Homeplace Under Fire

The story of the grassroots work of American farm advocates and their 30 year fight to keep family farmers on the land.

The Farm Crisis of the 1980s drove hundreds of thousands of family farmers into foreclosure. Yet, out of that crisis arose a legion of farm advocates who have refused to stand idly by and watch their way of life go up in flames.

Ordinary Americans taught themselves extraordinary skills. As fellow farmers, farm wives, and rural leaders, they studied laws and regulations, started hotlines, answered farmers’ calls from their kitchen tables, counseled their neighbors, and went toe-to-toe with lenders – giving their all to keep neighbors on their land.

Homeplace Under Fire celebrates these advocates and their remarkable work. Thousands of farmers are alive and on their land today because of them. As Willie Nelson says in the film, these advocates are the best of America.


Watch the Trailer


See the Film

Homeplace Under Fire is being screened at exclusive events around the country and is available on DVD. Stay tuned for your chance to see the film.

Buy Homeplace Under Fire on DVD in our online store.


Watch Clips from the Film

Meet the farm advocates featured in Homeplace Under Fire:

Linda Hessman has worked as Project Manager and Family Resource Specialist for the Kansas Rural Family Helpline, a non-profit direct service program dedicated to meeting the unique needs of rural Kansas families. She was the first woman to chair the Interfaith Rural Life Committee. She and her husband raise horses near Dodge City, Kansas.

Betty Puckett farms with her husband Pete and their son near Alexandria, Louisiana. She has worked as a farm advocate for decades at the Louisiana Interchurch Conference and has traveled nationwide to train farm advocates. Betty also served as a key response team member for farmers devastated by Hurricanes Katrina and Rita.

Shirley Sherrod is a celebrated civil rights leader and served as Georgia State Director of Rural Development for the U.S. Department of Agriculture. She continues as Executive Director of the Southwest Georgia Project, which she founded with her husband, Rev. Charles Sherrod, in Albany, Georgia.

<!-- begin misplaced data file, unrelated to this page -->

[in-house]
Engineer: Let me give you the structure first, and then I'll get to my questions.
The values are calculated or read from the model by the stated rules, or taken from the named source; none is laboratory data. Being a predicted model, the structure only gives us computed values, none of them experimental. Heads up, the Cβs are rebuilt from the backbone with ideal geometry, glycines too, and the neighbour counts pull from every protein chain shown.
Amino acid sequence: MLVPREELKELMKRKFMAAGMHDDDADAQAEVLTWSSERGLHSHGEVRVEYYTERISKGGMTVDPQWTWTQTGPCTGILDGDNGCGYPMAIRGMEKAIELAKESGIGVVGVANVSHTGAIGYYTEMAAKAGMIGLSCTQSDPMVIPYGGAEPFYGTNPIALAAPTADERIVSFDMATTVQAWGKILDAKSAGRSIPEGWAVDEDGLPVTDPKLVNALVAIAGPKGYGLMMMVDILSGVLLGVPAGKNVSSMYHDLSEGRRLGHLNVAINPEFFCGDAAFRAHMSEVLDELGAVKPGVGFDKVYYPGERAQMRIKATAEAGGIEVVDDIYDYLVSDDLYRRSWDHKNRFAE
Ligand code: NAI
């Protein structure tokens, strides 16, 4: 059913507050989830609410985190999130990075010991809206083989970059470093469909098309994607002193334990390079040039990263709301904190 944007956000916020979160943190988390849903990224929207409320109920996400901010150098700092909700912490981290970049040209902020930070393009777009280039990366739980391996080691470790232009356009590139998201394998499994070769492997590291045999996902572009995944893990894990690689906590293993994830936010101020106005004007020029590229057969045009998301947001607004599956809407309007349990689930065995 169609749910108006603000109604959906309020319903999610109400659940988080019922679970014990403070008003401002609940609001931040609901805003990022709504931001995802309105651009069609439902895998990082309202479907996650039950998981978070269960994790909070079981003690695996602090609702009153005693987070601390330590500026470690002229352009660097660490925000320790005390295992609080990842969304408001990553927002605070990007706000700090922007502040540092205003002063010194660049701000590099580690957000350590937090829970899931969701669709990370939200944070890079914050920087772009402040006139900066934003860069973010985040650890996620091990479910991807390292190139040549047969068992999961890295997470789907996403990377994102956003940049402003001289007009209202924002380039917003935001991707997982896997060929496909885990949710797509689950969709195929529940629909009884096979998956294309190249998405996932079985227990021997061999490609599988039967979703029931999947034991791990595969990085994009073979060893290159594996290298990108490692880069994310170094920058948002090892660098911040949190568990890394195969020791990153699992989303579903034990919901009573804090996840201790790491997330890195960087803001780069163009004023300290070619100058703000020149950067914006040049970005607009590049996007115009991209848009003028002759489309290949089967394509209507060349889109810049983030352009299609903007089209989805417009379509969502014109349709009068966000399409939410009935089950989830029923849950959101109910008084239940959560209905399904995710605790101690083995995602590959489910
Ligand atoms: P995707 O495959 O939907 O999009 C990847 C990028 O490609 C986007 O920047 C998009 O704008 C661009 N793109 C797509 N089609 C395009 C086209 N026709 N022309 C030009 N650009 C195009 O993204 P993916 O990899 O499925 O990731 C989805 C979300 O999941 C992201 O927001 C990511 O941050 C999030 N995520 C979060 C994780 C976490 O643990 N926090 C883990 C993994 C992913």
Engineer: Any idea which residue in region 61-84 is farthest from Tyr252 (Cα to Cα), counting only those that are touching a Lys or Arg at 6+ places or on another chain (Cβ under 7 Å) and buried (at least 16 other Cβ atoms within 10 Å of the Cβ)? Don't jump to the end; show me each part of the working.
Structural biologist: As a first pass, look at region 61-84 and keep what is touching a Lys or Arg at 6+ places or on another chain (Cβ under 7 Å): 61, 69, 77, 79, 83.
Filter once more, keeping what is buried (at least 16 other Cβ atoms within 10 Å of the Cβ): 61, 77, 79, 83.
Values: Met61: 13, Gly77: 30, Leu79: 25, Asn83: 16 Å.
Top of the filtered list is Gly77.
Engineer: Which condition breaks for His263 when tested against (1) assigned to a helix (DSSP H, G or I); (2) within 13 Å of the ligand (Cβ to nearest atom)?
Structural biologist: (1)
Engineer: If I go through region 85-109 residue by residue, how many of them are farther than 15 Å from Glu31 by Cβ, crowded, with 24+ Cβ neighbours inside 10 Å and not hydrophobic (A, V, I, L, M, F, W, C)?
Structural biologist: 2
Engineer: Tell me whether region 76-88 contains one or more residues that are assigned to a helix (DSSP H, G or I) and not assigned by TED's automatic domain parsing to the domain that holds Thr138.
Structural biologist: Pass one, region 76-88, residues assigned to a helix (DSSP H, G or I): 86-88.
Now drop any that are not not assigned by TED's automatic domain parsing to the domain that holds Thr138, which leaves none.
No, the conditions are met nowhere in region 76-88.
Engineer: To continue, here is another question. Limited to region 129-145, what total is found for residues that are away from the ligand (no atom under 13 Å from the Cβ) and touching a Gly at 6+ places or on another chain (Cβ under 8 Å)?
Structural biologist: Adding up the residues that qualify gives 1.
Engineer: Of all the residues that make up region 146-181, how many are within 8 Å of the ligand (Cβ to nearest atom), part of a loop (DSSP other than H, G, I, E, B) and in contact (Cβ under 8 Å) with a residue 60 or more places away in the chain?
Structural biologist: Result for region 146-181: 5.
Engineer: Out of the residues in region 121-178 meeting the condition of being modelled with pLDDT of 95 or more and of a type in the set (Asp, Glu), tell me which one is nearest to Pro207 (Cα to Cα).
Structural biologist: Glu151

Lou Anne Kling farmed with her husband for 25 years. After starting the Minnesota Farm Advocates program, Lou Anne conducted Farmers Home Administration (FmHA) trainings across the country, receiving the Virginia McKnight Binger Award for Human Service. She also served in the 1990s as USDA Deputy Administrator of Farm Loan Programs in Washington, D.C.

Willie Nelson is joined by others, including Farm Aid Executive Director Carolyn Mugar, to explain the inspiration for starting Farm Aid back in 1985. The video explains how proceeds from that first concert went on to help start Farmers’ Legal Action Group (FLAG), which is a nonprofit law center dedicated to providing legal services and support to family farmers and their communities in order to help keep family farmers on the land.

Benny Bunting counsels between 75 and 100 farmers each year as the farm advocate at RAFI-USA, devoting an average of 60 hours to each client. Ninety percent of the farmers he works with have realized their goals. In addition to his advocacy, he farms today with his son near Oak City, North Carolina.

Mona Lee Brock explains her journey helping farmers. We are forever grateful to Mona Lee and the other advocates who stood—and still stand—with farmers during their most vulnerable times.

A group of farm advocates, who have spent decades helping to keep family farmers on the land, gathered at Farm Aid’s 30th anniversary festival. During the press event, Farm Aid’s executive director Carolyn Mugar, board artists, and farm advocate Joe Schroeder spoke about the tireless efforts of these advocates who have saved so many lives and farms across the country.


Learn More

Visit homeplaceunderfire.org to learn more about the film.

Our Farm Advocate Link’s mission is to train, support and recruit a new generation of Farm Advocates in service to America’s family farmers. Click here to learn more.


Film Credits

Directed by Charles D. Thompson, Jr.
Produced by Farm Aid
Edited by Brooke Shuman, and Elena Rue and Catherine Orr of StoryMineMedia
Videography by Brooke Shuman, Elena Rue, and Chris Fowler
Still photography by Rob Amberg

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